Migration, Education and Translation: Cross-Disciplinary Perspectives on Human Mobility and Cultural Encounters in Education Settings, 1st Edition (Hardback) book cover

Migration, Education and Translation

Cross-Disciplinary Perspectives on Human Mobility and Cultural Encounters in Education Settings, 1st Edition

Edited by Vivienne Anderson, Henry Johnson

Routledge

256 pages | 9 B/W Illus.

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Hardback: 9780367260347
pub: 2019-11-28
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Description

This multidisciplinary collection examines the connections between education, migration and translation across school and higher education sectors, and a broad range of socio-geographical contexts. Organised around the themes of knowledge, language, mobility, and practice, it brings together studies from around the world to offer a timely critique of existing practices that privilege some ways of knowing and communicating over others. With attention to issues of internationalisation, forced migration, minorities and indigenous education, this volume asks how the dominance of English in education might be challenged, how educational contexts that privilege bi- and multi-lingualism might be re-imagined, what we might learn from existing educational practices that privilege minority or indigenous languages, and how we might exercise ‘linguistic hospitality’ in a world marked by high levels of forced migration and educational mobility. As such, it will appeal to scholars across the social sciences with interests in education, migration and intercultural communication.

Table of Contents

Foreword

Konai Helu Thaman

Introduction

Vivienne Anderson and Henry Johnson

Part 1: Knowledge

1. Migration and Decolonising Doctoral Education through Knowledge Translation: Postmonolingual Research, Human Mobility, and Encounters with Intellectual Cultures

Michael Singh

2. The Worlding of Words: Postmonolingual Education at the Asian University for Women in Chittagong, Bangladesh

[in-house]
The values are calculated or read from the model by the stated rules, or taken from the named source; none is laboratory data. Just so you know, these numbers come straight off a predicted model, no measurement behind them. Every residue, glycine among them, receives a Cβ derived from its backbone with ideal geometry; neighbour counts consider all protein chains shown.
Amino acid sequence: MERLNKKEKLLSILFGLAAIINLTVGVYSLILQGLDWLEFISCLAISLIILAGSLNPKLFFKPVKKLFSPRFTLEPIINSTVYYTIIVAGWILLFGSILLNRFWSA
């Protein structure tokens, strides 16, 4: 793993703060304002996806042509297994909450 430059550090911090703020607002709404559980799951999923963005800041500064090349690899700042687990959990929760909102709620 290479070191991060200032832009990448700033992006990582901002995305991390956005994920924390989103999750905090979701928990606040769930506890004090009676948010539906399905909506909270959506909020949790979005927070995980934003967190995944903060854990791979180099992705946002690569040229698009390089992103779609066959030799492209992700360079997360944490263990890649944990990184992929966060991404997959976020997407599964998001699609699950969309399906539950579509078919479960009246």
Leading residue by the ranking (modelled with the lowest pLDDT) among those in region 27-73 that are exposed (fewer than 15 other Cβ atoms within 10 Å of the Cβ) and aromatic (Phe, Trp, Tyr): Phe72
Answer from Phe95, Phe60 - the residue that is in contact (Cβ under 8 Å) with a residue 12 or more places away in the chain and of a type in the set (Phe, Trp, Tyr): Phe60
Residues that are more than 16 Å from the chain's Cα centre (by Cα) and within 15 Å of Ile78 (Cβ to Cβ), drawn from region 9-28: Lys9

Tiffany Cone

3. Translating the International Baccalaureate in Different Educational Contexts: The Benefits of and Constraints on Teachers Sharing a Common Lexicon

Lucas Walsh and Niranjan Casinader

Part 2: Language

4. "I Feel More Korean Now": Heritage Language Learning and Identity Transformation of a Mixed-Heritage Korean New Zealander

Mi Yung Park

5. "We Don’t Count You as Polish, You’re Just Like Us Now": Language, Integration, and Identity for Adolescent Migrants in Glasgow

Sadie Ryan

6. "With a Little Help from My Friends": Translation, Education, and Linguistic Activism in a Context of Migration

Henry Johnson

Part 3: Mobility

7. English Language Teaching as a Pathway to University Employment for Native English-Speaking Migrants to Japan

Naoko Inoue and Vivienne Anderson

8. "Immigrants of Doubtful Value": Translating Policy Discourse about International Students in New Zealand

Andrew Butcher

9. Mobilities, Pluralities, and Neoliberal Priorities: Considering the International Student Perspective to Explore Tensions in Higher Education and Academic Literacy Practice

Laura Gurney and Sherrie Lee

Part 4: Practice

10. Is There Any Appetite For "Linguistic Hospitality" in Monolingual Educational Spaces? The Case for Translanguaging in Australian Higher Education

Sue Ollerhead and Sally Baker

11. Beyond Words: Language Hybridity in Postcolonial Multilingual Classroom Environments—Malta’s Way Forward

Michelle Panzavecchia and Sabine Little

12. Education for Nikkei Citizens in Pre-War America: Japanese Language Schools and Textbooks in California and Washington

Toyotomi Morimoto

13. Rights, Resources, and Relationships: A "Three Rs" Framework for Enhancing the Educational Resilience of Refugee Background Youth

Rachel Rafferty

14. Indigenous Pedagogies in Practice in Universities

Karyn Paringatai

Response: Listen to the Land’s Language: Learn to Translate, Again

Alison Phipps

About the Editors

Vivienne Anderson is Associate Director of the Centre for Global Migrations at the University of Otago, Aotearoa New Zealand. She has published widely in the areas of education policy and practice, and the internationalisation of higher education.

Henry Johnson is Associate Director of the Centre for Global Migrations at the University of Otago, Aotearoa New Zealand. He has published widely in the fields of heritage, performance, diaspora, and island studies.

About the Series

Studies in Migration and Diaspora

Studies in Migration and Diaspora

Series now in its 20th year

Studies in Migration and Diaspora is a series designed to showcase the interdisciplinary and multidisciplinary nature of research in this important field. Volumes in the series cover local, national and global issues and engage with both historical and contemporary events. The books will appeal to scholars, students and all those engaged in the study of migration and diaspora. Amongst the topics covered are minority ethnic relations, transnational movements and the cultural, social and political implications of moving from 'over there', to 'over here'.

For a limited time only, get 20% off the series with discount code ET20*

* Offer cannot be used in conjunction with any other offer or discount and only applies to books purchased directly via our website.

 

Learn more…

Subject Categories

BISAC Subject Codes/Headings:
SOC026000
SOCIAL SCIENCE / Sociology / General